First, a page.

- Eating smaller foods often. This is great when you identify foods that cause heartburn and trying to balance this with another food that does not cause heartburn for you.
- Stop things like smoking although this is easier said than done.
- Alcohol and carbonated drinks that affect you can be reduced or stopped.
- A reputable source also highlighted not eating too fast and reducing fatty foods.
- So many other sources also highlighted eating gum as this stimulates the production of saliva.
- Baking soda mixed with water can also be used but you should be careful about this as it could cause nausea or retention of water which could increase your blood pressure.
- I also recommend drinking lots of water during and after eating. I always try this and it takes a while for it to go completely. I recommend having water by your side as it always resurfaces. Also get ready to urinate more often. Other times, not eating hot food can also help you with heartburn. This paragraph is my own suggestion and someone also told me drinking loads to milk can also help as it is basic in nature. I tried it but didn’t notice much difference. These guys talk about using water but warn about using milk to relieve heartburn.
- Another home remedy I saw was eating banana as described by Freedrinkingwater. This quickly sent me to research mode. I had already talked about banana in a previous post but missed out on its alkaline properties. From what I know about banana, it is high in fibre and great as a form of antioxidant. Further research revealed that it was alkaline and gets rid of heartburn quickly. I know it is rich in potassium which can also help neutralise acidity (pH of potassium is 14 and 5.6 for banana). I feel it might subside the heartburn and I spoke to someone who told me banana worked to an extent for her. Read 1, 2, 3 for more info with naturallifeenergy discussing about alkaline and acidic foods. P.S. I have not yet tried this one out but the data out there shows it is effective and will try it out very soon. Then and only then will I update this article and tell you about the experiment that I will have conducted by then and how long it took me to get rid of heartburn.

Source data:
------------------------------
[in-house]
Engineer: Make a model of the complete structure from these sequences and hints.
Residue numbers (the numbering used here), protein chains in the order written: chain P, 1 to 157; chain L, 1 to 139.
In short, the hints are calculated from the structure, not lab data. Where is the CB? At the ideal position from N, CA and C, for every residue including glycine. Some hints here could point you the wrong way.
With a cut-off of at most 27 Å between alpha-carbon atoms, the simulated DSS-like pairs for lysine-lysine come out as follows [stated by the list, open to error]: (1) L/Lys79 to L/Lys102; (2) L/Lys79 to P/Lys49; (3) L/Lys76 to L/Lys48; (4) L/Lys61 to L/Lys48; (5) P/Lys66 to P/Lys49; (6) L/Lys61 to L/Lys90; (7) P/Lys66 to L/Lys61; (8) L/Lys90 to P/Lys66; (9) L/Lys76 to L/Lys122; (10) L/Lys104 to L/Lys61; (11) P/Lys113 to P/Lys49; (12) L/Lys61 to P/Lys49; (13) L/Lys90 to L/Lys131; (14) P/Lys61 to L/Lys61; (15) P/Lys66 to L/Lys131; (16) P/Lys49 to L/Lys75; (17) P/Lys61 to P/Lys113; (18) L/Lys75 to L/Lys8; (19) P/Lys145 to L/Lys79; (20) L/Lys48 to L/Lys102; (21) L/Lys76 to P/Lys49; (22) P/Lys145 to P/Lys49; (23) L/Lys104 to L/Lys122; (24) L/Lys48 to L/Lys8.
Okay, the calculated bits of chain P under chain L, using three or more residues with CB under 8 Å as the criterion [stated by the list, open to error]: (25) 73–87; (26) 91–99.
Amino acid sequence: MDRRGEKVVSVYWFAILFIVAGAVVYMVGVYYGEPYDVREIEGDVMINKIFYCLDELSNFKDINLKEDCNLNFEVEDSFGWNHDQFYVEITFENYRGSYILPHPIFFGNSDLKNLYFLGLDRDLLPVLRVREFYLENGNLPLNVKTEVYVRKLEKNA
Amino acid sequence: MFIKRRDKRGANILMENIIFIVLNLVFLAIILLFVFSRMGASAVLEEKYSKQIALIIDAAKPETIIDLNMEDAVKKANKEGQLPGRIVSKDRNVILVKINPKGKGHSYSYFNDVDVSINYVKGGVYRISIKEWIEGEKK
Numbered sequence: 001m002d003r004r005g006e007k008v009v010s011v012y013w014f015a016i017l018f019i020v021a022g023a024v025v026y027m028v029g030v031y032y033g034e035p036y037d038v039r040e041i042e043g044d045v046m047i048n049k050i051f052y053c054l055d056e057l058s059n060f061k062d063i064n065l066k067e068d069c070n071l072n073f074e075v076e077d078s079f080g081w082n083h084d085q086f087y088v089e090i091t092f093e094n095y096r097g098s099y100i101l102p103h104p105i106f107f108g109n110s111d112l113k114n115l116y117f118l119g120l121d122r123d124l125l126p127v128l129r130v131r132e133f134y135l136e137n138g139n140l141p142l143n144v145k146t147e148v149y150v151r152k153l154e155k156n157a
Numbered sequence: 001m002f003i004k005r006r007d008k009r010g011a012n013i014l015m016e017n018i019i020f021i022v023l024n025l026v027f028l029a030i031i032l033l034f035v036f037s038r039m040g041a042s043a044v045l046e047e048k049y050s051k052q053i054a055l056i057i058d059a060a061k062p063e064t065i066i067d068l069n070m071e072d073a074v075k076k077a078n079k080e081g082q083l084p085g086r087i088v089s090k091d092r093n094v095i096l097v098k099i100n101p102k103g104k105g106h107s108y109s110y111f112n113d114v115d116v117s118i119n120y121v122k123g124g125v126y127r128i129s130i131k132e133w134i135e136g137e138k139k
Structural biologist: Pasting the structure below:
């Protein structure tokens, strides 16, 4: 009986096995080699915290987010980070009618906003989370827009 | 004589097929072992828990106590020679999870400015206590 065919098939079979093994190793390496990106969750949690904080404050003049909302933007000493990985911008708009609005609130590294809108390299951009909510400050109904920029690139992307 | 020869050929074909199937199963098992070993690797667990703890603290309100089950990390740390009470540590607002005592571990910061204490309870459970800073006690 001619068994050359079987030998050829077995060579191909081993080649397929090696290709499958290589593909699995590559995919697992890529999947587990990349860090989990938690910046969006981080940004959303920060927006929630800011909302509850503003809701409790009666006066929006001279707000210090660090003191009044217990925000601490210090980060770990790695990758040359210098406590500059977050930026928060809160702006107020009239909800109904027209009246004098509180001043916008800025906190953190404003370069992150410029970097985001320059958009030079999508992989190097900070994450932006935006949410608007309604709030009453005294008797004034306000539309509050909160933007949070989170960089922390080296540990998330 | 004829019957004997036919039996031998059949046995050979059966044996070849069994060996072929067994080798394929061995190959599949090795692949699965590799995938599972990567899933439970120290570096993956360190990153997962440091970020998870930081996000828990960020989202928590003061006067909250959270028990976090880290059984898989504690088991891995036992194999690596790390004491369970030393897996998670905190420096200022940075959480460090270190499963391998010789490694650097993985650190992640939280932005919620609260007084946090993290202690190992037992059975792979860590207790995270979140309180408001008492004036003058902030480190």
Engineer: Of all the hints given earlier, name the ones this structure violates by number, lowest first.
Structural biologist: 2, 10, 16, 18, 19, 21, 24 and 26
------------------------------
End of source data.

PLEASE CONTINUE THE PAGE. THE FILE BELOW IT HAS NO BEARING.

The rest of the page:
- The final remedy I have tried is eating another food which does not cause your heartburn. It works for me and keeps the effect of my heartburn to a bare minimum. Seek your dietician to know what you can have for snacks or if you are the healthy type, look for healthy fruits or food you can eat.
What the scientific community had to say about this:
- Take antacids after meals or when needed. Antacids work through a process of binding to the excess acids and lining the gut wall. Antacids have different mode of actions (some containing calcium carbonate or preventing production of acids) but they all serve the same purpose of reducing heartburn by neutralising acidic nature.
- Antagonists of histamine (H2) stop the action of histamine that encourages the stomach cells to produce acids. Examples of these class of drugs are Cimetidine or Ranitidine
- Another family of drugs called proton pump inhibitors (PPI) block the production of acids and these include drugs like Omeprazole or pantoprazole as described here.
Surgery was also recommended but depends on the extent of the symptoms.
Summarising this section, I will say that you should consult with your doctor or GP to get more advice because some drugs react with some other ones and have side effects.
Having gotten to the end of this article, I want to comment that a change in lifestyle is necessary to combat heartburn. Everyone is different and if you identify what causes heartburn for you, then you can effectively tackle it and reduce it occurrence. It takes trial and error for you to properly know how to treat your heartburn and the services of a doctor should be consulted.
We will love to hear your comments about how you solved your heartburn issues in the comments section below.